Cartagena: Always “jump on that bus”

Sunset in Cartagena
Sunset in Cartagena

When I was 28 years old, I met a guy on a bus in Cartagena and the encounter changed the course of my life forever.

At the time, I was living and working in Ireland, and on a foggy Monday morning in Dublin, during a strategic meeting, I was asked to travel to Colombia to recruit bankers for the annual banking conference our company organized in Miami.

My eyes lit up – I was going to return to Pedro Heredia’s jewel in the Caribbean, where the Spaniards extended their colony, and where I spent many happy moments as a child.

My flights were booked; my mission was clear. After spending some days in Bogotá visiting presidents of local and foreign banks, it was time to fly to Cartagena and attend the annual bankers’ convention.

When the doors of the plane opened at Rafael Nuñez, the unforgettable Caribbean warm, sultry heat enwrapped me, and my adventure began. I began to experience the mixture of sounds and smells which characterize Cartagena — the cacophony produced by the hustle and bustle in the streets, the music, the Maria Mulatas’ distinct sharp chirp and the wails of the fruit sellers.

Cartagena’s walls, rooftops and streets set against the shimmering Caribbean, mesmerize me. The Hotel Caribe, just as I remembered it as a child, would be my base for a couple of nights. At 28, my life was uncomplicated and trouble free. Yes, I had lost my father four years before, but dealt with his loss by doing what he loved most — traveling.

I had lived, studied and worked in different countries, including Spain, Belgium, England, Italy and Cyprus. I had learned several languages. I had friends and admirers and regularly fell in and out of love.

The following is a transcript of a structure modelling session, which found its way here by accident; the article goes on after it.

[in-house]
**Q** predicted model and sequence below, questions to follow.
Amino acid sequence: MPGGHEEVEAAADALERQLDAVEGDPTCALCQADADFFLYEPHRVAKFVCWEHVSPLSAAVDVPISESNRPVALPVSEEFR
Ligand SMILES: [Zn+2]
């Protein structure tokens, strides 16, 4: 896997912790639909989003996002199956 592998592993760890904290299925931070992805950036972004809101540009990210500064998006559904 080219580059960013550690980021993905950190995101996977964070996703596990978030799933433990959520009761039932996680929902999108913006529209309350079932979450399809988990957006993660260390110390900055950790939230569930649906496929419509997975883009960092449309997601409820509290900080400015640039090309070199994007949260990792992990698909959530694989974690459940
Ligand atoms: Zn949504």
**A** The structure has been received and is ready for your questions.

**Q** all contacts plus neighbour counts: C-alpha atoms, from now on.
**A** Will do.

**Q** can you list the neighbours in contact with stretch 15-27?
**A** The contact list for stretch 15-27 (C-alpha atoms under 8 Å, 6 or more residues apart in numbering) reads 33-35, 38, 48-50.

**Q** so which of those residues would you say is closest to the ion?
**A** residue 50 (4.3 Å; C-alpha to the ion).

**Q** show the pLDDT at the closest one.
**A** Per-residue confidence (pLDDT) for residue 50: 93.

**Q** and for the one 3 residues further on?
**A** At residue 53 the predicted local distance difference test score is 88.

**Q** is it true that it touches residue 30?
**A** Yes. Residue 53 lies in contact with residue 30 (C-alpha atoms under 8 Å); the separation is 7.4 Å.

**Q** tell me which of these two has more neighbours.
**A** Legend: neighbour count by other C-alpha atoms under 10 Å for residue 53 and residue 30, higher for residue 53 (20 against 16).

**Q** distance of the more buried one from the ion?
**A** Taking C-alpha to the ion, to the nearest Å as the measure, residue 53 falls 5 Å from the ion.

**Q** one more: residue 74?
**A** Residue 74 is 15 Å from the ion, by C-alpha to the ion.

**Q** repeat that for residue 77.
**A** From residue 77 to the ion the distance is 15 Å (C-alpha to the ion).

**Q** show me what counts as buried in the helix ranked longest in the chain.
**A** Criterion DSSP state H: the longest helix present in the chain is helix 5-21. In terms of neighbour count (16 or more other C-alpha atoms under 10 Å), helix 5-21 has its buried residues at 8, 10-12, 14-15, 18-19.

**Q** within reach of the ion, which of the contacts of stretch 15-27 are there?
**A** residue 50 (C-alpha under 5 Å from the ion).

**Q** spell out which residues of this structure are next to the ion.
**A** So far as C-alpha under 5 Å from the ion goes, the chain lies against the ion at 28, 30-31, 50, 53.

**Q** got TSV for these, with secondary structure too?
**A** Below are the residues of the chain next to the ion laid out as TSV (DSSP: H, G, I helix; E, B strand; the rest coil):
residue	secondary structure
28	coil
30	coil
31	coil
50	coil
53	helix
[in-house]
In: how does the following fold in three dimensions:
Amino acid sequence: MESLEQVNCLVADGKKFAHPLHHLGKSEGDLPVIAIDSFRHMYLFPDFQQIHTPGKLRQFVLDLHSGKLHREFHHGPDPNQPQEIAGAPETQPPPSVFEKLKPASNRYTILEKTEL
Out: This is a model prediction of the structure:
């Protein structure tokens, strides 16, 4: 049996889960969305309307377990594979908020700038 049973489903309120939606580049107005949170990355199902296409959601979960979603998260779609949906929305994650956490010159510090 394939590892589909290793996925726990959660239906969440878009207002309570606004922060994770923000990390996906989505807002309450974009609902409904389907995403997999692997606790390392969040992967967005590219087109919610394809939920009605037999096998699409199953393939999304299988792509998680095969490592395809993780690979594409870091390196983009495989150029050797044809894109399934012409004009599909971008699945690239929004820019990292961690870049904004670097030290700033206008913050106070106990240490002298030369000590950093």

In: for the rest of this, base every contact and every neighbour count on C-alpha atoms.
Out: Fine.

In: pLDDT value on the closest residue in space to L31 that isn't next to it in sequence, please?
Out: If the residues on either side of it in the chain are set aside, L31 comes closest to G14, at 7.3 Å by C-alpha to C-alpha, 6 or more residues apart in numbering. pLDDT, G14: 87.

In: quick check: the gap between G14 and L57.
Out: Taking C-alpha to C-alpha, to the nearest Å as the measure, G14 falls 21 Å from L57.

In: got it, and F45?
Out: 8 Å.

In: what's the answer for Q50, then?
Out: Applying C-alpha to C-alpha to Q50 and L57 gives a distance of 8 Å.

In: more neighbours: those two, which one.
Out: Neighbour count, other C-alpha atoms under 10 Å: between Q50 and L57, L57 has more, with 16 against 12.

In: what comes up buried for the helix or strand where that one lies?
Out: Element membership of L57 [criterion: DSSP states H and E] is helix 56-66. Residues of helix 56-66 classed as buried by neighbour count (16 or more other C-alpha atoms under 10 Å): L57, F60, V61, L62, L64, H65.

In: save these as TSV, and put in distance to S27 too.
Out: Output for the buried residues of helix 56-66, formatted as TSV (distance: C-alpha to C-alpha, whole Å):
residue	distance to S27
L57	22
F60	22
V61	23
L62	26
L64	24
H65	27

It was perhaps one of the best chapters of my life.

I attended the conference, networked, smiled and conquered the stiff business world. At lunchtime, delegates would be transported to the Naval Museum, and a series of buses lined up in front of the Convention Center ready to take over 1,000 delegates to the lunch venue.

As I waited under the hot sun for the next available bus, I was tempted to skip the corporate event and return to my hotel and lounge by the pool, but I surprised myself by getting onto the next bus, continuing with my public relations exercise.

As I was boarding, a voice from behind commented on the high temperatures, I turned around and encountered a man whose smile captivated me. We both entered the bus and sat together. He invited me to join him for lunch, and afterwards he suggested not to return to the afternoon session but invited me to explore Cartagena’s old haunts.

We visited old colonial houses with their interior cool gardens and patios, we viewed the walled city from different rooftops, stopped for the occasional rums, leading onto a night of dancing to son cubano and salsa.

The next day, after a late lunch of seafood and wine in a corner tavern facing the ramparts, I caught my plane back to Bogotá and onward flight to London. Back in Dublin, the following Monday morning, an e-mail came through.

“I love New York in June, how about you?”

A month later we sealed our love in New York and eight months after our Upper East Side tryst, got married in a castle in Ireland surrounded by friends and family, returning to Colombia to set up our home.

Twenty years later, we are still together. The girl on the bus has since had two wonderful children, has lost a child, has matured, has conquered, has laughed, cried, made mistakes and has aged.

The girl on the bus has learned that without love, without being loved, our journey through life is worthless. Circumstance and serendipity shape our journeys. Accumulate love, accumulate experiences, express your feelings and your fears, let accidental encounters inspire you.

When it comes to Cartagena, city that first declared independence against its Spanish colonizers on November 11, 1811, there is but one rule: Always jump on that bus!


Please enter your comment!
Please enter your name here